4. They never considered acting as a career (this one cracks me up)
  5. They’re totally not into the Hollywood scene (they say while sitting at the Chateau Marmont and musing on their first rehab stint, at sixteen)
  6. They don’t drink (DUI charges pending)
  7. They had to work as hard/harder than anyone else (HAHAHAH)

Jacques Lacan Being a Dick

May 3, 2017

Interviewer: In your philosophy…

Lacan: I am not a philosopher, not in the least.

An ontological, metaphysical notion of the real…

It is not at all ontological.

You borrow a Kantian notion of the real.

It is not even remotely Kantian.  I make that quite clear.

***

“The Triumph of Religion” comes from a press conference held in Rome on October 29, 1974, at the French Cultural Center.  Lacan was interviewed by Italian journalists.

Someone Please Remember

April 14, 2017

Remember when I had an idea to make a TV show (equal parts Knick and Mad Men) about RD Laing’s Kingsley Hall?  No?  I know someone has a record of this somewhere.  Although I guess it doesn’t matter now, because screenwriter-director Robert Mullan has beaten me to the punch with his new movie Mad to Be Normal.  From The Guardian‘s (much maligned) Peter Bradshaw:

David Tennant is on pugnacious, mercurial and beady-eyed form in this very interesting and absorbing film. It’s one of his best performances. He plays the psychiatrist RD Laing, who became a 60s counterculture hero for challenging what he saw as the profession’s heartless prison-hospital ethos of tranquillisers and electroconvulsive shock treatment. Instead, Laing proposed a holistic treatment without drugs (although medically licensed LSD was acceptable), using group therapy and communal healing. He set up a refuge at Kingsley Hall in east London, that was regarded suspiciously as something like a Bedlam cult.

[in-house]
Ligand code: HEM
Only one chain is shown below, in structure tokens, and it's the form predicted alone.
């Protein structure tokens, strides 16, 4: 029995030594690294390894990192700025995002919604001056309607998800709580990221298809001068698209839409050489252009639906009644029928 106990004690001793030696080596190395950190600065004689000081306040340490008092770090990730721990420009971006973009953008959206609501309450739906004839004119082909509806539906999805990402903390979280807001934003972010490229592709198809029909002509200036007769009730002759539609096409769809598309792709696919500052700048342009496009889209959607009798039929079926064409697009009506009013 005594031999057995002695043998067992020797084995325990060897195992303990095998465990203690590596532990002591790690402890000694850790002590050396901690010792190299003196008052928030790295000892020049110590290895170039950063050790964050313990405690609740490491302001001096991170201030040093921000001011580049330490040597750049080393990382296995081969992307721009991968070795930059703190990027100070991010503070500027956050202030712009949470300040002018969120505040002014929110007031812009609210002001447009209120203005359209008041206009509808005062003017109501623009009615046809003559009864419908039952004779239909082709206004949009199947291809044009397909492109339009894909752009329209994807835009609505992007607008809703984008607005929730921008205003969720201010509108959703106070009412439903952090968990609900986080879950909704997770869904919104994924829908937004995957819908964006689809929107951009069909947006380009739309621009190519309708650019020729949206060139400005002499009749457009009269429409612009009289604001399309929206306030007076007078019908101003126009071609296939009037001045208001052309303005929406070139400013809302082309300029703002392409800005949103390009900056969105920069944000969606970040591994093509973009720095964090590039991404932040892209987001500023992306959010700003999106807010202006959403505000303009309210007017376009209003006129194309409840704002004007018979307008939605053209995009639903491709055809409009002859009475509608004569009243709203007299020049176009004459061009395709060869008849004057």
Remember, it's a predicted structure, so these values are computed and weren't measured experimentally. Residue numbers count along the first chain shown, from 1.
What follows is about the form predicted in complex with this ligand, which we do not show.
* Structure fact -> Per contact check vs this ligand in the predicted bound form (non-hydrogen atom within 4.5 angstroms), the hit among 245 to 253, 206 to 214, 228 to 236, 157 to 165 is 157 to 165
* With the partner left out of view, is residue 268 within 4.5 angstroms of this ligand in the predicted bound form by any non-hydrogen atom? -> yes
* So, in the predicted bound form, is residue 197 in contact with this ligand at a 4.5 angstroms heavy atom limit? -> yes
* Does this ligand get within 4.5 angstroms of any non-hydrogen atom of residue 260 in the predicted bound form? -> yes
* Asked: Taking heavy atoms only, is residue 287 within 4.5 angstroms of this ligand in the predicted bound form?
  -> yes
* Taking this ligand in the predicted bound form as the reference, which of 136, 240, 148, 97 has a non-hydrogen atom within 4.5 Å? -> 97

Hard-drinking, hard-smoking Laing laughs and cries along with his patients – who adore him – and angrily tells interviewers about the people “out to get” him. Elisabeth Moss plays Laing’s (composite-fictional) partner Angie, and Gabriel Byrne and Michael Gambon are excellent as his patients: old men who in a later era might be overlooked as care-in-the-community homeless. The screenplay by Robert Mullan and Tracy Moreton does not take a conventional biopic line but instead shows scenes from a life, with influences from Beckett, BS Johnson and perhaps David Cronenberg’s Spider in its images of broken things being put back together. Now I’d like see Mullan direct a biopic of Laing’s French counterpart, the philosopher and critic Michel Foucault. Perhaps Cédric Kahn could shave his head for the part.

Smoking

March 31, 2017

On rare occasions I’ll feel a bit sad that my days of being a stupid kid are coming to a close.  When that happens, I tend to envision myself doing something like smoking one of these Sobranie cigarettes––kinda kitschy, but undeniably glamorous.  I can probably have one a year or so even now that I’m a grown-up, right?

6aff7ae6a6256cc66eb3bcb8ecb25526